General English


  • noun force of expression that gives importance to something



  • Highlighting of a specific frequency or band of frequencies through amplification.
  • The process of selectively amplifying higher frequencies of an audio frequency signal before transmission, or during recording. The utilization of emphasis followed by deemphasis may help improve the overall signal-to-noise ratio and reduce distortion, among other benefits. Also called preemphasis.

Information & Library Science

  • noun extra force given to a word or activity in order to make it seem important

Origin & History of “emphasis”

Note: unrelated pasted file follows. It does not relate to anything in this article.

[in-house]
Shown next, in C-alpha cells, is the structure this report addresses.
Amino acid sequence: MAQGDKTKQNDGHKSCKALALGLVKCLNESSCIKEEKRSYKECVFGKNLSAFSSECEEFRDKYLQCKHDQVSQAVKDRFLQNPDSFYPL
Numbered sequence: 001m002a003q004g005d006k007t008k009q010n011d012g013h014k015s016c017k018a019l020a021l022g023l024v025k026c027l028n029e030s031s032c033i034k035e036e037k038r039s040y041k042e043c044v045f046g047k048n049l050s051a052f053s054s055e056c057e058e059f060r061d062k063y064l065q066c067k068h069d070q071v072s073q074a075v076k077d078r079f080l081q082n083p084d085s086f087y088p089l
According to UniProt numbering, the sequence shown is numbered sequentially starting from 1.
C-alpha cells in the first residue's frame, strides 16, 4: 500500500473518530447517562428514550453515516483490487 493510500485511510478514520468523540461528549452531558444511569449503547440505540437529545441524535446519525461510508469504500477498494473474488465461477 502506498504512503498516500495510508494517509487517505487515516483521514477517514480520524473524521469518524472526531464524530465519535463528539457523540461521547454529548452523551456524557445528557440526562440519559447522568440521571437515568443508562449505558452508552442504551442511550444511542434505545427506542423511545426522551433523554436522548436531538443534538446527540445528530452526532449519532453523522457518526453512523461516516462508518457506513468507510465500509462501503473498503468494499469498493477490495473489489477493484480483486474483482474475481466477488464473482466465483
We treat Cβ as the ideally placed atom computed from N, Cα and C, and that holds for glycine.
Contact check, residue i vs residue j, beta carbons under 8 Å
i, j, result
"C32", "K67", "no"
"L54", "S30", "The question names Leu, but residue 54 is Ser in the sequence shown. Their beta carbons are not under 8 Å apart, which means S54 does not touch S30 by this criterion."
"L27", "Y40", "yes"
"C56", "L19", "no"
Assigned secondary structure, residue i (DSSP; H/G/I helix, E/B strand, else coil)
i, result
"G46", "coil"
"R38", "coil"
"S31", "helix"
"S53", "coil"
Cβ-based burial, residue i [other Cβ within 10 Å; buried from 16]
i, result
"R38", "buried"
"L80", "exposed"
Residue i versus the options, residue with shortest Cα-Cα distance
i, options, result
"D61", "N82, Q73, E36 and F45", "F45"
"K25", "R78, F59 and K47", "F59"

In Greek, émphasis originally meant simply ‘appearance’. It was a derivative of emphaínein ‘exhibit, indicate’, a compound verb formed from the prefix en- ‘in’ and phaínein ‘show’ (source of English phase). It came to be used as a grammatical term denoting ‘implication’ (as opposed to ‘directly expressed meaning’) and passed in this sense via Latin emphasis into English. Its main modern use, ‘special importance placed on something’, derives from the stressing of a particular word or phrase in speech to show that it is intended to imply something other than its literal meaning might seem to suggest.